Campaign insiders are pinning their hopes on next month's South Carolina primary.
MANCHESTER, N.H. — Ron DeSantis doesn’t have to win next week’s New Hampshire primary. But he needs Nikki Haley to lose.
That’s the view inside the Florida governor’s inner circle on the heels of a distant second-place showing Monday in the Iowa caucuses that nonetheless allowed DeSantis to say he got his “ticket punched” to continue campaigning. His two-point margin over former U.N. Ambassador Nikki Haley was thinner than his advisers had hoped for but far better than the death knell of the third-place finish they had feared.
“He’s staying in,” a DeSantis supporter familiar with the campaign’s thinking told NBC News. “If Nikki loses New Hampshire — which is her best chance out of all states to win — and loses her home state of South Carolina right after, she will need to get out and we get our two-man race.”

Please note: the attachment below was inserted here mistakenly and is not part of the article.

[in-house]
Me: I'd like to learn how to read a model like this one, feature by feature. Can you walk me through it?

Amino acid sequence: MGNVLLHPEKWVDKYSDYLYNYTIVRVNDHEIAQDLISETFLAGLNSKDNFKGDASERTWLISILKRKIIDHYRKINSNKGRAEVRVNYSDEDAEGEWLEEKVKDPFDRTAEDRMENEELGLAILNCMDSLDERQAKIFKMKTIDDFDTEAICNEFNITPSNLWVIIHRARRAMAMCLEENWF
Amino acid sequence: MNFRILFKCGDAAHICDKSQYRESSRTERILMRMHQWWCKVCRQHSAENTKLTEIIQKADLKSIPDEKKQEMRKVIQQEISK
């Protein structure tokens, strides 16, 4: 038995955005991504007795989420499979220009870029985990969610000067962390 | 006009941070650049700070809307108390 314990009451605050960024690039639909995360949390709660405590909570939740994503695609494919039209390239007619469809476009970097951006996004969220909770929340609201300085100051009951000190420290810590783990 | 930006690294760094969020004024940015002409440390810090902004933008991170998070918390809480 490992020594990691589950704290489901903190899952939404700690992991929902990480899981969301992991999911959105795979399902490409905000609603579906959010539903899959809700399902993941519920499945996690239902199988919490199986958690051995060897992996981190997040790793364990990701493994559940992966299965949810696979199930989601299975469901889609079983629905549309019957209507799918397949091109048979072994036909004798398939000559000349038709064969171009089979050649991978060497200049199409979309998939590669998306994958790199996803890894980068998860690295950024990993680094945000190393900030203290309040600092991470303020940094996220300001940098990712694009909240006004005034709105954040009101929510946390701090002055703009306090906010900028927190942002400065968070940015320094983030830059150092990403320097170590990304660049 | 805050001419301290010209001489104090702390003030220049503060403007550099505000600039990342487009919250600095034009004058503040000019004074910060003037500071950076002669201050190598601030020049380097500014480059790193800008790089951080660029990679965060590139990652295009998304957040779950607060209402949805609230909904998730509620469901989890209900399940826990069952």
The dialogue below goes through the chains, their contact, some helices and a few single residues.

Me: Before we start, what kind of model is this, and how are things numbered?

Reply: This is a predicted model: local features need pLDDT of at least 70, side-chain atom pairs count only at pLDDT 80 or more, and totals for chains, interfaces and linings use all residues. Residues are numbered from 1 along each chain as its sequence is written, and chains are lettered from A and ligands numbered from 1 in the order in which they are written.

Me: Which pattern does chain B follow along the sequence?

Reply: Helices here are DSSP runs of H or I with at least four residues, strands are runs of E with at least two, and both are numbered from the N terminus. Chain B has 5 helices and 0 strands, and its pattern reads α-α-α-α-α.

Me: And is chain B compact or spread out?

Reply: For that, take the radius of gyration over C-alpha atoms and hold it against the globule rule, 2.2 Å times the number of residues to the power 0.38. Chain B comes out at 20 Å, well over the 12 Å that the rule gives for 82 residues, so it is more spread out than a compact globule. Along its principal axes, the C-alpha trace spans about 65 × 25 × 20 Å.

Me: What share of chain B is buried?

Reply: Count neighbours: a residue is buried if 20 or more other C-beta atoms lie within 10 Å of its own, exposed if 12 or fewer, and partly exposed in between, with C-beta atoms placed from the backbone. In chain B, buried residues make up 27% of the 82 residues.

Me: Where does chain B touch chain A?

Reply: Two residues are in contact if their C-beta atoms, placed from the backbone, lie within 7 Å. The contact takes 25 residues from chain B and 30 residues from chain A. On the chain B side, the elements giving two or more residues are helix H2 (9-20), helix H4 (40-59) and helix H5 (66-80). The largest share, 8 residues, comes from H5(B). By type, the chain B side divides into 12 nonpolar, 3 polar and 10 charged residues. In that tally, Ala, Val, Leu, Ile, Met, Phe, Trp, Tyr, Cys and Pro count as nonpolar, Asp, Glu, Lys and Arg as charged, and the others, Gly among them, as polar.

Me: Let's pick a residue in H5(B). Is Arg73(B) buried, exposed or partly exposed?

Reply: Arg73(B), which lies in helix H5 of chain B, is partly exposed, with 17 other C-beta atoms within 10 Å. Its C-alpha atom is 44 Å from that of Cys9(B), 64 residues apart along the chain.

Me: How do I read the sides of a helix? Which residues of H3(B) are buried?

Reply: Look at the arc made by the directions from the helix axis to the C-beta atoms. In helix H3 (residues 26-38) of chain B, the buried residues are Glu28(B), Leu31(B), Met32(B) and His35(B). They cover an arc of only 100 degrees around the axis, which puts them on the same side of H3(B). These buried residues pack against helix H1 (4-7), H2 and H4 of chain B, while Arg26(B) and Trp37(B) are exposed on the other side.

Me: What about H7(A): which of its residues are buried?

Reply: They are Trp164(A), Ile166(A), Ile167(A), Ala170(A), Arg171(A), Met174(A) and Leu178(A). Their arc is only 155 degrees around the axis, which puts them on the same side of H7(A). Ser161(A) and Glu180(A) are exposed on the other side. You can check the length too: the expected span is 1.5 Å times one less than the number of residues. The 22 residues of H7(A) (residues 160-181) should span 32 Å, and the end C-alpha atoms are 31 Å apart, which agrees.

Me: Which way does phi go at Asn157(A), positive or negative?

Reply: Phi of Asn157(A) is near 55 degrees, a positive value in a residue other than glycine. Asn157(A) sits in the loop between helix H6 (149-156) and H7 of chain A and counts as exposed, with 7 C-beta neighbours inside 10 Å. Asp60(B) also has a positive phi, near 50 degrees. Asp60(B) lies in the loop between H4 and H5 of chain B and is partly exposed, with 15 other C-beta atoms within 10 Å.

DeSantis advisers told NBC News that the campaign is busy collecting data and plotting a post-Iowa path forward through at least the South Carolina primary in late February. Inside a DeSantis finance team meeting at the Surety Hotel in Des Moines, Iowa, Tuesday morning, campaign manager James Uthmeier painted the picture of a difficult, but manageable, fundraising environment for the campaign, according to two sources familiar with the meeting.
“Going to be tough sledding,” another DeSantis supporter familiar with the thinking said. “The sentiment is we have and can raise the resources to get through South Carolina.”
So, in an upside-down political season, DeSantis must now root for former President Donald Trump — who trounced his rivals by taking 51% of the vote in Iowa — to win a second consecutive contest, this one in New Hampshire. No Republican has ever lost the party’s nomination after winning both states, and Trump’s train shows no signs of impending mechanical failure.